Again, is it to be supposed, that St. Paul, who expressed so much anxiety for the Laodiceans, in common with the other churches which were never favoured with his personal presence, would omit sending them an Epistle in reply to the one which they are supposed in the other opinion to have sent him, particularly when he had written to so many churches, from which he received no previous communication at all?

Moreover, unless St. Paul had written to the Laodiceans in some form or other, telling them to send their Epistle to be read at Colossæ, as is here enjoined on the Colossians regarding them, they, surely, would not have sent it of their own accord, or, if they had already sent it, of their own accord, what necessity was there for the Apostle to admonish the Colossians to read an Epistle which had been already sent for that purpose. Hence, in any supposition, the Apostle must have written an Epistle to the Laodiceans. The Greek text, then, upon which the advocates of the opposite opinion chiefly rely, that from Laodicea, must mean, “the Epistle (to be sent you) from Laodicea.” The evident motive of the Apostle’s injunction was this: Laodicea and Colossæ were neighbouring cities, troubled by the same false teachers. It is likely, that in his Epistle to the Laodiceans, the Apostle treated of matters of which he made no mention in that addressed to the Colossians, or, at least, that he had treated of the same matter differently in both. Hence, by having the two Epistles read in both churches, the faithful of each would have a more complete exposition of faith and morals, and stronger motives for perseverance in the faith, and in the performance of good works. And the fact of the Apostle telling the Colossians to have the Epistle of the Laodiceans read in their church, in the same way as this was to be read in the church of the Laodiceans, would evidently imply that the reading of both would be attended with results equally beneficial, which could hardly be said, if there were question in one case, of an Epistle, written by the Laodiceans to him. These are the reasons for the opinion of St. Thomas, as given by Mauduit. It must, however, be admitted, that the opinion of St. Chrysostom is the more common with both ancient and modern Expositors of SS. Scripture.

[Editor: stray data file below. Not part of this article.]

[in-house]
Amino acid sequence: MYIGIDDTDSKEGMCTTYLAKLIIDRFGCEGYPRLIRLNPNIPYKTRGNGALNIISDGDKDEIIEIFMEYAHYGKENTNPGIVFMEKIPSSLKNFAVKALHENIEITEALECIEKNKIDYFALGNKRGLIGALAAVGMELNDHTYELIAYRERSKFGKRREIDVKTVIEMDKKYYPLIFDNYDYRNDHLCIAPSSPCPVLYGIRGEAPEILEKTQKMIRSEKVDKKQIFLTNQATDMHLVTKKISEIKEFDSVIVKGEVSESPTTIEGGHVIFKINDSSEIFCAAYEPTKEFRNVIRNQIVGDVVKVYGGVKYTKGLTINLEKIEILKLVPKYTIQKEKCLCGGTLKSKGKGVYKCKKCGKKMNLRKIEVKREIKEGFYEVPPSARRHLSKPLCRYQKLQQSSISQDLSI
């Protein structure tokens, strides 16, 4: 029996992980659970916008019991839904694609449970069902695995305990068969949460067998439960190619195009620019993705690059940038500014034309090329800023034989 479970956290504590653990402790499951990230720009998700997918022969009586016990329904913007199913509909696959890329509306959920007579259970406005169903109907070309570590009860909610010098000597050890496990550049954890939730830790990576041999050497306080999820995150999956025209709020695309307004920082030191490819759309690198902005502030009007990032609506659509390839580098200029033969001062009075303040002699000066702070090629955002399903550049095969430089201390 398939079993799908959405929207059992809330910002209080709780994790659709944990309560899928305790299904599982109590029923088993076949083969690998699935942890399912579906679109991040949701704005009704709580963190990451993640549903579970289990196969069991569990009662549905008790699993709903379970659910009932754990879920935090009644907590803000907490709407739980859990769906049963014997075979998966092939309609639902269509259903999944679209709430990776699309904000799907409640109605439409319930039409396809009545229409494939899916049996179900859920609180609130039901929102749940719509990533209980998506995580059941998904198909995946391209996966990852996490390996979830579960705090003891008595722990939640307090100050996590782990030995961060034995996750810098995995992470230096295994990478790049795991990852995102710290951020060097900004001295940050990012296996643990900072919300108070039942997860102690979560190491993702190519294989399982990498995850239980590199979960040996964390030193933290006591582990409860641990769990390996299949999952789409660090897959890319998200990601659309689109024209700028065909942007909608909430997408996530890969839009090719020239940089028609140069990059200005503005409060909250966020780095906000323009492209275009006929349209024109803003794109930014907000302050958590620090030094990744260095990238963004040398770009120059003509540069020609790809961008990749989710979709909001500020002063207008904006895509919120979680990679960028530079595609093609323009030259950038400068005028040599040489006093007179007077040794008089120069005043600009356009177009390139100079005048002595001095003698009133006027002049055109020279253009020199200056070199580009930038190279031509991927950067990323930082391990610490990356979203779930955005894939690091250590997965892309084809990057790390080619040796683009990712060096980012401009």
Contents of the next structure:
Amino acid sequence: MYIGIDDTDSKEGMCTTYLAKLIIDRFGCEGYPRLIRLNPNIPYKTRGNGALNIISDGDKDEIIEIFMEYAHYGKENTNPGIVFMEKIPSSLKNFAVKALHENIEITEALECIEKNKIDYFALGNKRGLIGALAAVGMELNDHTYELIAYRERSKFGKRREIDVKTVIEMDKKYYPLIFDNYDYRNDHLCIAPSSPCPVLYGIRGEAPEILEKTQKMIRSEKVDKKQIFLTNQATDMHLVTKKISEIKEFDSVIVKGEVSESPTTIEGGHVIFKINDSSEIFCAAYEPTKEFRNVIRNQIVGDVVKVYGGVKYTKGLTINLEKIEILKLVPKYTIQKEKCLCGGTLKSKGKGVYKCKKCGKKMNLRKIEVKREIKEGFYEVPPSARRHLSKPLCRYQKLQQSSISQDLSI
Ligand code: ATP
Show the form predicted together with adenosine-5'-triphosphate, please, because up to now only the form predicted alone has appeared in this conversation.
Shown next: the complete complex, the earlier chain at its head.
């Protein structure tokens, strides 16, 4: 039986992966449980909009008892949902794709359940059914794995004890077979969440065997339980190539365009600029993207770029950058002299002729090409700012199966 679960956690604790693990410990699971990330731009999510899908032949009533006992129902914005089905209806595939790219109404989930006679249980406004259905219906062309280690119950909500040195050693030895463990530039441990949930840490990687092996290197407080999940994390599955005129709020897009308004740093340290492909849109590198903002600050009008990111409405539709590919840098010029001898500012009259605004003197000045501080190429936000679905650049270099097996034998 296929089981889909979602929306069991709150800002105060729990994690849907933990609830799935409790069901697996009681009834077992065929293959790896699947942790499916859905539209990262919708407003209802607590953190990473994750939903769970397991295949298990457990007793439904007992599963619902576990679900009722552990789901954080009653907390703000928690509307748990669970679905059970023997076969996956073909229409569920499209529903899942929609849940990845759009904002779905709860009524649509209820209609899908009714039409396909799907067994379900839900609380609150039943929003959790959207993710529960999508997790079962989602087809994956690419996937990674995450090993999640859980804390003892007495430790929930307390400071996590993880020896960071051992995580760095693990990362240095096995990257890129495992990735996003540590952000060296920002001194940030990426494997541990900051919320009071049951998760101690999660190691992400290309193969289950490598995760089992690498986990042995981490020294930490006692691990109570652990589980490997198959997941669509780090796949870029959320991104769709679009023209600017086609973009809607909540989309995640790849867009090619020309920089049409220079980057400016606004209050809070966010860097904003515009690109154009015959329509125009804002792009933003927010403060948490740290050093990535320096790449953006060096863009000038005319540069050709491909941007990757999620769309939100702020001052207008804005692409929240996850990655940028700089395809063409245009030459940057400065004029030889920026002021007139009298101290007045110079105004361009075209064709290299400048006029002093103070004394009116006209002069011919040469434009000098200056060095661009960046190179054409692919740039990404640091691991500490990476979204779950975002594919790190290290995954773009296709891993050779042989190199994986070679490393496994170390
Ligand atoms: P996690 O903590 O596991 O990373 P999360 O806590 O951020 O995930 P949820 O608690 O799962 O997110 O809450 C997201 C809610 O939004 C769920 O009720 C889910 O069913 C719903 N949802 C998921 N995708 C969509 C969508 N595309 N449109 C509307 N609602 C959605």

Col 4:17. And say to Archippus, attend to the ministry, which thou hast received from the Lord, that thou mayest diligently fulfil it.
Col 4:18. I subscribe my own salutation with my own hand. Be mindful of my chains, so as to pray for me, and receive strength and courage after my example. Grace be with you. Amen.

No commentary is offered on these verses beyond the paraphrase.